But now I have a Marxist internationalist from India, not merelybrandishing the disparaging word “Stalinist,”and complaining that I have not read Banaji’s article, but claiming that “thinking comrades” call the Maoist phenomenon a “‘disease’” (p. 72), and likening the “mindless violence” (p. 61) of the Maoists to fascist brutality, which he claims to be one of a piece of the “same type of brutality by the Maoists” (p. 73; page numbers from Dr Jal’s essay in Critique, Vol. 48, No. 1, 2020). Fascist brutality! Must I remind Dr Jal of the absolute centrality of race in Nazi fascism, with genocide and war of unparalleled brutality, especially in Eastern Europe, and the “Teutonic fury” unleashed against the Soviet Union in 1941, as its hallmarks. Orfascismo Italiano, developed by Giovanni Gentile and Benito Mussolini, and its barbaric imperialist expansion in Africa.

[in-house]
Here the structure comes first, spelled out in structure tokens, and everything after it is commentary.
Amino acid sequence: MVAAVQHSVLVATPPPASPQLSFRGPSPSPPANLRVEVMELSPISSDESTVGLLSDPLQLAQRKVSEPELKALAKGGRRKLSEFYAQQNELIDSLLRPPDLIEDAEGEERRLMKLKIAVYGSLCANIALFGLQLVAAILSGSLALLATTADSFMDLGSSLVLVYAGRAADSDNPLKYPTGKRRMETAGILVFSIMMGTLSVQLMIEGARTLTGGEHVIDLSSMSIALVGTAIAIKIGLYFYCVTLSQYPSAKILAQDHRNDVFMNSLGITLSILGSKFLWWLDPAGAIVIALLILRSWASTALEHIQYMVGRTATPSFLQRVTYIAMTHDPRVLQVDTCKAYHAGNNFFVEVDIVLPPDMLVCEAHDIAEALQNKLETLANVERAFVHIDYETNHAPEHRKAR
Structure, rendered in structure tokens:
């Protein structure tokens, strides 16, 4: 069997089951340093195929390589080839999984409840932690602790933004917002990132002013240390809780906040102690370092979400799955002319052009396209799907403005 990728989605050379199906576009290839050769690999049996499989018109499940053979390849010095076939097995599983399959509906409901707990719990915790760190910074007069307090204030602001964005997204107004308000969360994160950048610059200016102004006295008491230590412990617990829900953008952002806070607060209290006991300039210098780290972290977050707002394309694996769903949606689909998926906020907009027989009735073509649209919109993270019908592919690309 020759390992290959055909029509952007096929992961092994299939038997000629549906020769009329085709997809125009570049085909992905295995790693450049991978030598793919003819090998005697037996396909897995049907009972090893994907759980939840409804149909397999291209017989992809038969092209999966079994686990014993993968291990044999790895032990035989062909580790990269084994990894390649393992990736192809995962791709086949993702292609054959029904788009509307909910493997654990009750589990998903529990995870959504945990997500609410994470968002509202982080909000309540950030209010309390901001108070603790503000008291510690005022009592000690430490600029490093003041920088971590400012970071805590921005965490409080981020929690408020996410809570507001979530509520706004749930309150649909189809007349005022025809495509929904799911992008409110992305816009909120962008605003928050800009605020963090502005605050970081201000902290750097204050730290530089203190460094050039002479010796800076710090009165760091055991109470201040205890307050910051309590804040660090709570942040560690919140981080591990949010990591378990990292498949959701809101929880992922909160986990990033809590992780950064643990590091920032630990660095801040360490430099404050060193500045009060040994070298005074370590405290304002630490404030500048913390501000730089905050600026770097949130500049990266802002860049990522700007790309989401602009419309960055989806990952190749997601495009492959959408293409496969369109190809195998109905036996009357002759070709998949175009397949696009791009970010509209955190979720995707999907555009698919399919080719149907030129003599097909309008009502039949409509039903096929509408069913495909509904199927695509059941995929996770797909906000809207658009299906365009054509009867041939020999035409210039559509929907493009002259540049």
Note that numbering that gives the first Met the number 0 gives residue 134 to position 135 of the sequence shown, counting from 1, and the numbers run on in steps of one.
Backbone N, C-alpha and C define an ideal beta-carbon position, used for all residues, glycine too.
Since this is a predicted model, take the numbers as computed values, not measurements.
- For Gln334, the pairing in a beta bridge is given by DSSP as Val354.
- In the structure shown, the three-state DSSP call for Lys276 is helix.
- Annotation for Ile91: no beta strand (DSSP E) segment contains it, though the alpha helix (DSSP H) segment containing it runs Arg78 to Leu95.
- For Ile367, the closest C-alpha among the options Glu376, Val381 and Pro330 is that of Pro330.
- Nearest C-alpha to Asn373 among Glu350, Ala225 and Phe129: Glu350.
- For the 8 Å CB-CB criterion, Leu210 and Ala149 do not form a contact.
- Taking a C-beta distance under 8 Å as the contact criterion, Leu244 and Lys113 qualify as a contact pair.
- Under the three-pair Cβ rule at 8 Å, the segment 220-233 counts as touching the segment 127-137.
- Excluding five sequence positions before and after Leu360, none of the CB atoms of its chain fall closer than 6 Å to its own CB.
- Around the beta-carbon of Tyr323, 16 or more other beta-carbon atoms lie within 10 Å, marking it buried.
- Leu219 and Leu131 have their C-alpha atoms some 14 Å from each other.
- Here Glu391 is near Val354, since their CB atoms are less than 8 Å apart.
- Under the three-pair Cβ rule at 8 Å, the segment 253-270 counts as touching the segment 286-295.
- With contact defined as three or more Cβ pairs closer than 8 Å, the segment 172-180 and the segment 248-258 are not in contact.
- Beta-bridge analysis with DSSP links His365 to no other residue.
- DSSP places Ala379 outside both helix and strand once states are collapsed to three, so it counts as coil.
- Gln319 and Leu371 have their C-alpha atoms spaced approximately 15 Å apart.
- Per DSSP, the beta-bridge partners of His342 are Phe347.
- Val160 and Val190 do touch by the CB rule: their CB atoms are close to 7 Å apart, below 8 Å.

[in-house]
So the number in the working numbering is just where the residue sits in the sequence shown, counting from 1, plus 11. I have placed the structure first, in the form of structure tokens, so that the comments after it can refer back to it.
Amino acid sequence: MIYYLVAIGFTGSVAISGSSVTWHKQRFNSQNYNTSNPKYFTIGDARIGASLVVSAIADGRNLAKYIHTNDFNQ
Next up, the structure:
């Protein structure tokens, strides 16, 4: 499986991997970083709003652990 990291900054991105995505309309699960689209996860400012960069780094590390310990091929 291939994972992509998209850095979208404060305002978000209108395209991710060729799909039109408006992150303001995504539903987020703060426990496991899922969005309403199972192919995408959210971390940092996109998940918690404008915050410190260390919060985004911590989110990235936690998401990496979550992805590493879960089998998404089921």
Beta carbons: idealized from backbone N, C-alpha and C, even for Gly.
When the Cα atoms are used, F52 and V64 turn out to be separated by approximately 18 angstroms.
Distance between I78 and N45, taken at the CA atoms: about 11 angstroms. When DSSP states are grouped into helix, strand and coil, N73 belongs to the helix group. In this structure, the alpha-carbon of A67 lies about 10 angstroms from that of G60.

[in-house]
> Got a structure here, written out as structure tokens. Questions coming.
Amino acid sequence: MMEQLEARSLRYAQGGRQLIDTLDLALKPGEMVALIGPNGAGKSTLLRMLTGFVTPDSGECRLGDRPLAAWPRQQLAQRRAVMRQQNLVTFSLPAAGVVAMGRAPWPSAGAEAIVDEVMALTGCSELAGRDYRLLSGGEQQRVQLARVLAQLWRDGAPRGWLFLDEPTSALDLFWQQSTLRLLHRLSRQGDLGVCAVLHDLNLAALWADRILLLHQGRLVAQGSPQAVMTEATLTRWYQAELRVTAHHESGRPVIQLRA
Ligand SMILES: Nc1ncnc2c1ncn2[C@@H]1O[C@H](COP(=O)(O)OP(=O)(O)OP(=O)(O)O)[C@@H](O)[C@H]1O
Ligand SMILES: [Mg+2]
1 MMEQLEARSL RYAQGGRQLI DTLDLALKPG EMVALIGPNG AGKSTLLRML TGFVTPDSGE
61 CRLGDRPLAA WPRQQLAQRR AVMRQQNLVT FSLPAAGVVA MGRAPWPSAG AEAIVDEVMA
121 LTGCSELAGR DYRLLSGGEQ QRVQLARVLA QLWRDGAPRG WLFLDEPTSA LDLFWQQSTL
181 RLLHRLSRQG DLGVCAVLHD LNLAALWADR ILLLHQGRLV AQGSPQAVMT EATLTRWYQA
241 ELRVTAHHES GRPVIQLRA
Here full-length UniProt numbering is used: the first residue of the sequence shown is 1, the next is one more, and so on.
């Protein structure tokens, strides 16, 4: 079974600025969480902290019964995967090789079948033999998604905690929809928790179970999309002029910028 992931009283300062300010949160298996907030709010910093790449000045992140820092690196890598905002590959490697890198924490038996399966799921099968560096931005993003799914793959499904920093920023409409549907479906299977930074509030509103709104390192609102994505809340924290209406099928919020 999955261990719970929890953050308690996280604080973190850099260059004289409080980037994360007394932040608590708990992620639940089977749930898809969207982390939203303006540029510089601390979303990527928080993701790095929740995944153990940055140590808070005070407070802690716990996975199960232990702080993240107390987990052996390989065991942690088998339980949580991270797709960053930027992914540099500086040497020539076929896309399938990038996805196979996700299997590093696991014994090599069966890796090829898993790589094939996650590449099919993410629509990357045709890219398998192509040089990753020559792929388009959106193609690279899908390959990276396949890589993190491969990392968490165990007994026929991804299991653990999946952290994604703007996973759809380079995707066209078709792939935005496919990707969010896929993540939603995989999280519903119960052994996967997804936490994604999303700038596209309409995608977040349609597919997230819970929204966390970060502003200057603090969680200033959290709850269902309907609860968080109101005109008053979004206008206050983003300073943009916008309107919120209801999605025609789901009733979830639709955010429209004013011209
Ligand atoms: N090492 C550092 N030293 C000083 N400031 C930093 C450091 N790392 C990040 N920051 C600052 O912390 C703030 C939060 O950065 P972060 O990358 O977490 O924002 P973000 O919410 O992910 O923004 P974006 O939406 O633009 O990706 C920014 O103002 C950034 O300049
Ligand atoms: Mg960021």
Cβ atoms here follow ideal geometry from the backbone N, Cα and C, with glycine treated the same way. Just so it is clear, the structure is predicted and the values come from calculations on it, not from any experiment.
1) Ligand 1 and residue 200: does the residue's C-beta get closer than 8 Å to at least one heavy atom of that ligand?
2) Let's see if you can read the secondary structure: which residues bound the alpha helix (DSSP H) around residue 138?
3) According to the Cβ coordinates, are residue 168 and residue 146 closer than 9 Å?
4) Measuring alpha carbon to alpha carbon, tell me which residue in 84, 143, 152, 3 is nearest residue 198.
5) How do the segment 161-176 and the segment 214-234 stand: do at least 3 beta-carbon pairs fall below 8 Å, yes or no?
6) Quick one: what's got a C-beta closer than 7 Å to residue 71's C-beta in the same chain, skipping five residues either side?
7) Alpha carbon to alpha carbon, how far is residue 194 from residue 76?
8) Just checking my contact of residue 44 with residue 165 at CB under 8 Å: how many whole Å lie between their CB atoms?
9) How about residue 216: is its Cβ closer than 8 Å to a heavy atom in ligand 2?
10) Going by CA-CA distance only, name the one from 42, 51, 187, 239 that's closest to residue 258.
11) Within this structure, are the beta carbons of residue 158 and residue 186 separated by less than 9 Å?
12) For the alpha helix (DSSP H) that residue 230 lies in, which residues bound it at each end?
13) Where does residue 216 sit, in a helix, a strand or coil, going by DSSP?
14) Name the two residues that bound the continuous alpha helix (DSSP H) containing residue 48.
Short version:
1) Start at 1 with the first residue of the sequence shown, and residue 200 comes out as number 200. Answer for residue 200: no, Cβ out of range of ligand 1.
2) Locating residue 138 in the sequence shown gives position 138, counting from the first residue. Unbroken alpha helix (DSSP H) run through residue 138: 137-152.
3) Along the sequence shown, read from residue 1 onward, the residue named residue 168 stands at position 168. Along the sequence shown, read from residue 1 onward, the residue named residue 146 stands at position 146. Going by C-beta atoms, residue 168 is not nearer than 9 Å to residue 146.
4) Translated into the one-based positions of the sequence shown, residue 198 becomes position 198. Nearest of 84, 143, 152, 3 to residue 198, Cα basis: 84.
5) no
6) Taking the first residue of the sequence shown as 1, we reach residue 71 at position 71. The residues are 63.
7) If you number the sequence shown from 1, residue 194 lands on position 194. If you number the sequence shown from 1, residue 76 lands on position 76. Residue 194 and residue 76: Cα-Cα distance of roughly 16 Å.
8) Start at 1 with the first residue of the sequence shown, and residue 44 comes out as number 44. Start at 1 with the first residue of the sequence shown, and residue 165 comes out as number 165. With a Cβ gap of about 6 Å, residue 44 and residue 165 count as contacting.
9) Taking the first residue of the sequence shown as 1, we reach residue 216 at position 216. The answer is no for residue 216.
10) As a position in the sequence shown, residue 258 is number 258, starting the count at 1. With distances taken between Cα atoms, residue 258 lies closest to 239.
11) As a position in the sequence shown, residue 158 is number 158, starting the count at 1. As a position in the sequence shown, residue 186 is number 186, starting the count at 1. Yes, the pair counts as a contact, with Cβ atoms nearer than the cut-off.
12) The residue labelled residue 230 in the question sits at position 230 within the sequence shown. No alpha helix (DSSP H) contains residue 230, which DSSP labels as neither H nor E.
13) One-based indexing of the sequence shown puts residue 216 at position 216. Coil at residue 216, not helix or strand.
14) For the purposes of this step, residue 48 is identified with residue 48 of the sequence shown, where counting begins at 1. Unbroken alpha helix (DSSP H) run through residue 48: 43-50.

Anyway, let me move ahead. Why should condescension and arrogance be writ large in Dr Jal’s reaction to my questioning his not-backed-by-evidence, dogmatic assertion about Stalin’s “complicit hand in the mass murder(my emphasis) of Chinese Communist Party workers on 12 April 1927” in Shanghai (Dr Jal on page 56 of Critique)?Why not give up one’s sense of superiority and considerable airs, and prove one’s assertion of Stalin’s complicity in Chiang Kai-shek’s forces’ attack and elimination of severalCommunist-led workers in Shanghai on April 12, 1927?I was only drawing attention to a lack of relevant evidence and trying to make sense of the irrelevant evidence of a Stalin quote (to establish the complicity claim) Dr Jal had provided in his footnote 7 in Critique. Instead, like an authoritarian teacher scolding a student who doubts what his/her teacher is asserting, he derides me for not seeing the “bloody counterrevolution” that the Stalin-Chiang partnership had, according to him, unleashed.